Written by Staff Writer
23 May, 2016 | 6:04 pm
Louis van Gaal has been sacked as manager of Manchester United, with former Chelsea boss Jose Mourinho set to be named as his replacement.
Van Gaal, leaves after two years of a three-year contract and is currently discussing severance terms. The former Netherlands boss is believed to earn around £6.4m a year.
Mourinho’s appointment is expected to be confirmed after the 53-year-old Portuguese meets with senior United officials on Tuesday.
It is not yet certain what future Ryan Giggs, Van Gaal’s assistant, has at Old Trafford or what will happen to the rest of the coaching team. According to BBC Sport United’s FA Cup win over Crystal Palace would be Van Gaal’s last game in charge.
He took control of United after leading the Netherlands to the semi-finals of the 2014 World Cup in Brazil. The Old Trafford club finished fourth in the Premier League in his first season in charge to qualify for the Champions League.
But they finished fifth this term and will play in the Europa League next season. They only scored 49 league goals, too, their lowest total since 1989-90. Saturday’s FA Cup success at Wembley gave United a first trophy since Sir Alex Ferguson delivered the Premier League title in 2013 in his last season before retirement, but it was not enough to stop Van Gaal from losing his job.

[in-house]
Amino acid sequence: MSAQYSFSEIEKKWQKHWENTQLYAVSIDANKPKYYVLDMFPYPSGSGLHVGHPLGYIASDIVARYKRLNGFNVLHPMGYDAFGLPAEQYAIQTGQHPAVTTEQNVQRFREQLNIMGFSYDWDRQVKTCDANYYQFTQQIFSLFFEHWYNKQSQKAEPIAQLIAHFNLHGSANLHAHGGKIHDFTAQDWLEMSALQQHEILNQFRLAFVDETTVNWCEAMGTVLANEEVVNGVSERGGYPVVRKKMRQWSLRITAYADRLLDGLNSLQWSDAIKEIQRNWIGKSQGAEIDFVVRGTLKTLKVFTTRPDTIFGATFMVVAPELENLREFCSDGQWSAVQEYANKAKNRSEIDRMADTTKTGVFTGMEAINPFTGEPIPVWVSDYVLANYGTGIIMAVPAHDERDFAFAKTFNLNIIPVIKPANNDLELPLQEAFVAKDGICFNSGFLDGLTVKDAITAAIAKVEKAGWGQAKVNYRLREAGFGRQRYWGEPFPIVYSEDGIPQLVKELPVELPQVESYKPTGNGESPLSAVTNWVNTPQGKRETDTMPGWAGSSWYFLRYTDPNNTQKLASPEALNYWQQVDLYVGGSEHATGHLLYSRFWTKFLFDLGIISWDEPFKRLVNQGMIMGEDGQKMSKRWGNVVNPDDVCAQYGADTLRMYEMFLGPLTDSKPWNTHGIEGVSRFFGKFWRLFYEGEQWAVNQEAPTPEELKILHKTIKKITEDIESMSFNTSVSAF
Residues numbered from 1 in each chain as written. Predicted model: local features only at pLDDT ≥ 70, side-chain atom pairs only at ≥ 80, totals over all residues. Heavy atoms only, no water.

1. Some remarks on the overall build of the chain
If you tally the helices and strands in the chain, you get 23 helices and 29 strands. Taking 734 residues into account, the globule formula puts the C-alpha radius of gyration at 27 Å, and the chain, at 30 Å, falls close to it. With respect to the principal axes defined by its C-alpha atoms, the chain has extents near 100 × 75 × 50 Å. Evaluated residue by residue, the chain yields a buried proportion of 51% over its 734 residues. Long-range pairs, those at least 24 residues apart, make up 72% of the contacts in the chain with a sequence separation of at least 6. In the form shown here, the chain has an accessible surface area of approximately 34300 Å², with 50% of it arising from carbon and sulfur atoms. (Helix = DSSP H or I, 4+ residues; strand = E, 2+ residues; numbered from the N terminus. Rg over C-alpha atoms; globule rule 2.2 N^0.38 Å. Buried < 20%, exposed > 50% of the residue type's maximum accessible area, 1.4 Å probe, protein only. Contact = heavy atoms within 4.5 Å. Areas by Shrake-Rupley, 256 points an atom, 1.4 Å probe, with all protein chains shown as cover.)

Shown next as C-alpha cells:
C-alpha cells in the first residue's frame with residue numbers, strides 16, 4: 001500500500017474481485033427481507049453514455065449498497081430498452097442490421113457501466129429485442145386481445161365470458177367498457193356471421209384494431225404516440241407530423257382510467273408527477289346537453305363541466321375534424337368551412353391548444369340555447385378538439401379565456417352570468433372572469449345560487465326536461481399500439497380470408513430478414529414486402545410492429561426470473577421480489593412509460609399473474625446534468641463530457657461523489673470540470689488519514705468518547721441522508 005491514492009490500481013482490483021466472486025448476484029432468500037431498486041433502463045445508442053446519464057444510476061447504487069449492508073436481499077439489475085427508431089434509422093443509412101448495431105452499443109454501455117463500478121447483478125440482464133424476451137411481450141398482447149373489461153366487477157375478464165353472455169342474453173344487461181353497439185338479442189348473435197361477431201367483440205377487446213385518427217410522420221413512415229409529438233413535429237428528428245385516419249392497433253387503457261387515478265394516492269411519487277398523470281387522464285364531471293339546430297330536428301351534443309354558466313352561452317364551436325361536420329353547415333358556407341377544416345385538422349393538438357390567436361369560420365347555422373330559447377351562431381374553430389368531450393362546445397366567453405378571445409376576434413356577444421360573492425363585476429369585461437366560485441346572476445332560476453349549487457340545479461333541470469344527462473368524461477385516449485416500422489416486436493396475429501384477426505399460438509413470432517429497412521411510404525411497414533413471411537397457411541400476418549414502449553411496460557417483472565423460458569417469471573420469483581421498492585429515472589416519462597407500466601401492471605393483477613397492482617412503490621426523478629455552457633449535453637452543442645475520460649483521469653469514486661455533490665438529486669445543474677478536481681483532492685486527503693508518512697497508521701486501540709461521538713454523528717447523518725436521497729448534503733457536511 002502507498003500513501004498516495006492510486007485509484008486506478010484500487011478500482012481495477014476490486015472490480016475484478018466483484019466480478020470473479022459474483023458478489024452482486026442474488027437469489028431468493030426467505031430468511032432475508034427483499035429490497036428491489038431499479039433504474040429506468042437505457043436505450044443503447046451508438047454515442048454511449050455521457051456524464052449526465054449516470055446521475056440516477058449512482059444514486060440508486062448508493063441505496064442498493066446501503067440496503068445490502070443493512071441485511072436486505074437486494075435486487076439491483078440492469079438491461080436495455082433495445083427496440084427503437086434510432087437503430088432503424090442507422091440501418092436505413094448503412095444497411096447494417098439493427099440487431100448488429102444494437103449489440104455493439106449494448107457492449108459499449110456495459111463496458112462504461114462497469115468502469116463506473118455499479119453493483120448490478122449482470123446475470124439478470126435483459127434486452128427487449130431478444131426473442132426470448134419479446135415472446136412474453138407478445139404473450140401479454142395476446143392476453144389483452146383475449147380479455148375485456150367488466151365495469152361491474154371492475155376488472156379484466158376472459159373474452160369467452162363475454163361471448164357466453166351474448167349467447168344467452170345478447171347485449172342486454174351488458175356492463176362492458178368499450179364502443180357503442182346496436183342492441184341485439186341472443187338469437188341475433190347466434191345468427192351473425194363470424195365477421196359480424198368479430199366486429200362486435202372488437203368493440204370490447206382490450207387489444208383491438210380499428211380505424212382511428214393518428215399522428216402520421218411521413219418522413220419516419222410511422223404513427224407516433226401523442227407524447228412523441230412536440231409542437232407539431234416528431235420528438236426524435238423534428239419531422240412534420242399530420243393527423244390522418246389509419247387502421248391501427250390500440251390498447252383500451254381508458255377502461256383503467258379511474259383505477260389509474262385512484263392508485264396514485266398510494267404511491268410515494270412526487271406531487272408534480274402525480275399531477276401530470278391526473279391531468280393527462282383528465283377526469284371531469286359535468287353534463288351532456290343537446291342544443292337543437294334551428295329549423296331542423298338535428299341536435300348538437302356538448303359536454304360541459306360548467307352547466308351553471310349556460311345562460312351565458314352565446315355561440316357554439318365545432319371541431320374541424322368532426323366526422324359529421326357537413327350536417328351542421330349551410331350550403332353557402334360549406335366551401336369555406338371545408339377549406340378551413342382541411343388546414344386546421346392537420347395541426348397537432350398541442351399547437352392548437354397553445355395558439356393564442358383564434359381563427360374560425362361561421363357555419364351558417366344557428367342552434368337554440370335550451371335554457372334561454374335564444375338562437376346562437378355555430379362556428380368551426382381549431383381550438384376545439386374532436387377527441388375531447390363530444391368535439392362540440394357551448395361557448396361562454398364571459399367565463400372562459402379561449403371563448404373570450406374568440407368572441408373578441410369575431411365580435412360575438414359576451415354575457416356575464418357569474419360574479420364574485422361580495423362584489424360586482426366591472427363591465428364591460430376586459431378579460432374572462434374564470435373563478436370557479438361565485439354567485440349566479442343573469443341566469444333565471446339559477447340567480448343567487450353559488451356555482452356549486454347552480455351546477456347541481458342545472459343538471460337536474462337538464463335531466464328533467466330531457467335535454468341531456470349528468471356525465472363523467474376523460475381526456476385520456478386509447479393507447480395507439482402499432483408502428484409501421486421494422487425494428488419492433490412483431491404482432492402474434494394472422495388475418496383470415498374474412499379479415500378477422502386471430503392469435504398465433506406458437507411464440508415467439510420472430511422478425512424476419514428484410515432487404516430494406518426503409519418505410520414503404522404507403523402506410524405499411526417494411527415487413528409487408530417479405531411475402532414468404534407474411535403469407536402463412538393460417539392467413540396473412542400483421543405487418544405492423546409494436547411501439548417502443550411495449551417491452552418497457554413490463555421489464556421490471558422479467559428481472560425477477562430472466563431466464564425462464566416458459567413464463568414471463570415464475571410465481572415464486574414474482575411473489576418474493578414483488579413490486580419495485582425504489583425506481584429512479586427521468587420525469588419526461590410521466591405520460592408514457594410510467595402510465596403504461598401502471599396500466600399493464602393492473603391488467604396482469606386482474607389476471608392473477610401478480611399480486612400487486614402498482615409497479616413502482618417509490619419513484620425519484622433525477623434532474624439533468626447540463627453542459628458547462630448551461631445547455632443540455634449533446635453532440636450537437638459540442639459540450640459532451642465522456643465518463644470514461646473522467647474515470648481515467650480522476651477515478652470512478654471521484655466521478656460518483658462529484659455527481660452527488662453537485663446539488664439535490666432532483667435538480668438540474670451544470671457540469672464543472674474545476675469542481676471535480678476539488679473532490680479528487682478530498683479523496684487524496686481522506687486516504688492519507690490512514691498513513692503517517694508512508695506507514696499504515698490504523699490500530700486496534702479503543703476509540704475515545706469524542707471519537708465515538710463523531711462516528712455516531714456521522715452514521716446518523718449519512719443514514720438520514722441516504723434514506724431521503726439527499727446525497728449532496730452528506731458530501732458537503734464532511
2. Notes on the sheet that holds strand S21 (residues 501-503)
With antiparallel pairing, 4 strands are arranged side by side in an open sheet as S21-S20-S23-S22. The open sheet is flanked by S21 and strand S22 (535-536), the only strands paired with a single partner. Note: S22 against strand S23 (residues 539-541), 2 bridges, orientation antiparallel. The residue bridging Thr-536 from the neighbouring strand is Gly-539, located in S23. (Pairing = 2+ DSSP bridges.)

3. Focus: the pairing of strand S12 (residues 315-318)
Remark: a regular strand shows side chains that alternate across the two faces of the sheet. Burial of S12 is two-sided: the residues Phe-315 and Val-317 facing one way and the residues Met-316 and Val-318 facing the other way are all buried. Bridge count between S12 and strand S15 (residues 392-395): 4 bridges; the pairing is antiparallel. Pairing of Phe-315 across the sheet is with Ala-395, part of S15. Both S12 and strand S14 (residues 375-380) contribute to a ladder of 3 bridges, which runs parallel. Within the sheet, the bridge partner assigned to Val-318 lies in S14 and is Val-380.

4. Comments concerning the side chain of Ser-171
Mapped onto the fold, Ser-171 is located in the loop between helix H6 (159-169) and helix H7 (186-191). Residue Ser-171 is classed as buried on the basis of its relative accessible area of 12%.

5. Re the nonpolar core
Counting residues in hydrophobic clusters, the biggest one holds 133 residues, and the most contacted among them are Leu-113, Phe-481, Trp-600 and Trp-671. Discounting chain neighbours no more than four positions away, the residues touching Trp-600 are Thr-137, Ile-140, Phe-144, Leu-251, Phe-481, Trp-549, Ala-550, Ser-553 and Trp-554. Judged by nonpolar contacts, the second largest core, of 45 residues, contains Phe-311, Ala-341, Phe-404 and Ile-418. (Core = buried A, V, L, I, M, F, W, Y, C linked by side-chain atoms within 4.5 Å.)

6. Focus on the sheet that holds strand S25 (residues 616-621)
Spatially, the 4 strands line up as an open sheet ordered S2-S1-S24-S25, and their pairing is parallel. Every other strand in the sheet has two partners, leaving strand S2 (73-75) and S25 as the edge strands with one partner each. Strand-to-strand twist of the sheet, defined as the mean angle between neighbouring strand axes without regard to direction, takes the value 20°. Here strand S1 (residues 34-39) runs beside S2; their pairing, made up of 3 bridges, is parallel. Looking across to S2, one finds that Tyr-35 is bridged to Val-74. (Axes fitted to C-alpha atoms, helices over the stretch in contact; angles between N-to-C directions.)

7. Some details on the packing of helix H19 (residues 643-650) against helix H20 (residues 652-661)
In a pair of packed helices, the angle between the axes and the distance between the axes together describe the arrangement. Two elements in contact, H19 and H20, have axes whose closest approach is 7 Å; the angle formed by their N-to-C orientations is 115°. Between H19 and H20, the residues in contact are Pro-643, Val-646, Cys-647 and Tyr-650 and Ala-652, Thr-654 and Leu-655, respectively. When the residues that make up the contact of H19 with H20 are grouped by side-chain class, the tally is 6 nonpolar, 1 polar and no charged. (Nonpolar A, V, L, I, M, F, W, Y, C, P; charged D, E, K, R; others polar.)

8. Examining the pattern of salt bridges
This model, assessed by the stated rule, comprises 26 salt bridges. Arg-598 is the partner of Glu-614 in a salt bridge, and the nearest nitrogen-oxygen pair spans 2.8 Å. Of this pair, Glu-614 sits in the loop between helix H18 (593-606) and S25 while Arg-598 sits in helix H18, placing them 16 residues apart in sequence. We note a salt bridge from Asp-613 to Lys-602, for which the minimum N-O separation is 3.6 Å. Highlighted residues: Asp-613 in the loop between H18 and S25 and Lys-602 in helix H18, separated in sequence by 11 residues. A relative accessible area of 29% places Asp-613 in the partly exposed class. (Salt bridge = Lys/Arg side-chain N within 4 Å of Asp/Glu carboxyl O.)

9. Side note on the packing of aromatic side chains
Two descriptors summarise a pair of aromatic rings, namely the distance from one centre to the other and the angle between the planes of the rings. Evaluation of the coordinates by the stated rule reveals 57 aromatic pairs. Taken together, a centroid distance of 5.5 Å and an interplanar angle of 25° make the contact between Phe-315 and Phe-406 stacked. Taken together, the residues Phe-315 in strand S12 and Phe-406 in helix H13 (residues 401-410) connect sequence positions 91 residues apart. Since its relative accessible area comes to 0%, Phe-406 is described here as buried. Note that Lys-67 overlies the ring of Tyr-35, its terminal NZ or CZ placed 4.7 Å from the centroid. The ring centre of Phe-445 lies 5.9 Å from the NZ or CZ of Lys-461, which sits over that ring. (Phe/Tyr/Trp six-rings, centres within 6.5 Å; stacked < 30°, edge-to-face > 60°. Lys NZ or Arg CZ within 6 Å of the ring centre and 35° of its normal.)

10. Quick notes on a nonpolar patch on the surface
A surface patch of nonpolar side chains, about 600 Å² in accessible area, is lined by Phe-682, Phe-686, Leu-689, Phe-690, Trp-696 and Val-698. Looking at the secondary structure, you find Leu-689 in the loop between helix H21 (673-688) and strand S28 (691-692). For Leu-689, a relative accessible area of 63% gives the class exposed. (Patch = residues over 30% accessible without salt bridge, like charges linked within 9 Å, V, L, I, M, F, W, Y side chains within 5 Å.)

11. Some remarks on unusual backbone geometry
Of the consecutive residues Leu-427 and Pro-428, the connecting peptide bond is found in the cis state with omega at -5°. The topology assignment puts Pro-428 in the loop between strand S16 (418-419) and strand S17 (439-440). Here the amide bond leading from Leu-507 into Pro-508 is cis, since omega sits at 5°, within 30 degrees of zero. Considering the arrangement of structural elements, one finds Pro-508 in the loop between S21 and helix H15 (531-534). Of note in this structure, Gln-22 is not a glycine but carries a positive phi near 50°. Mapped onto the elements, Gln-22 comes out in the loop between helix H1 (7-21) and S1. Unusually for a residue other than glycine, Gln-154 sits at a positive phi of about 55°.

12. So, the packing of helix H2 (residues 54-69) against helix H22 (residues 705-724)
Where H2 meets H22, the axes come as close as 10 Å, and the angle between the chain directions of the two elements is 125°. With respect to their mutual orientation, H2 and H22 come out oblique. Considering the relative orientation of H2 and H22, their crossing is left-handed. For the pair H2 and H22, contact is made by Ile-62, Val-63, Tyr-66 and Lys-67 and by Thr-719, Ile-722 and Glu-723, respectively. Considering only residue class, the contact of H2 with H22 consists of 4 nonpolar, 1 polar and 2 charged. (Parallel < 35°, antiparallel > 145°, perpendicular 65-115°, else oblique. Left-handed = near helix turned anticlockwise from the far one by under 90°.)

Mourinho was sacked by Chelsea last December, just seven months after leading the London club to the Premier League title. Van Gaal arrived at Old Trafford with his reputation enhanced after steering the Netherlands to the 2014 World Cup semi-finals.
After a solid first season, Van Gaal was expected to turn United into title contenders, especially after taking the club’s outlay on players to more than £250m since the summer of 2014. His record in the transfer market has been hit and miss. Angel di Maria – a British record signing at £59.7m – faded after a fast start and was sold, while Radamel Falcao delivered little after his loan move from Monaco.
Steve Coppell, who starred for United in the 1970s and 80s, said it was hard to understand Van Gaal’s philosophy, claiming “players sometimes do not really understand what he’s trying to get through to them”.
Former midfielder Paul Scholes – a member of the club’s legendary ‘Class of ’92’ – was one of the Dutchman’s harshest critics.
“It seems he doesn’t want players to beat men and score goals,” he said. “It’s not a team I would have enjoyed playing in. “There’s no spirit, there’s nobody having a go at each other, there’s no smiling, there’s no entertainment.”
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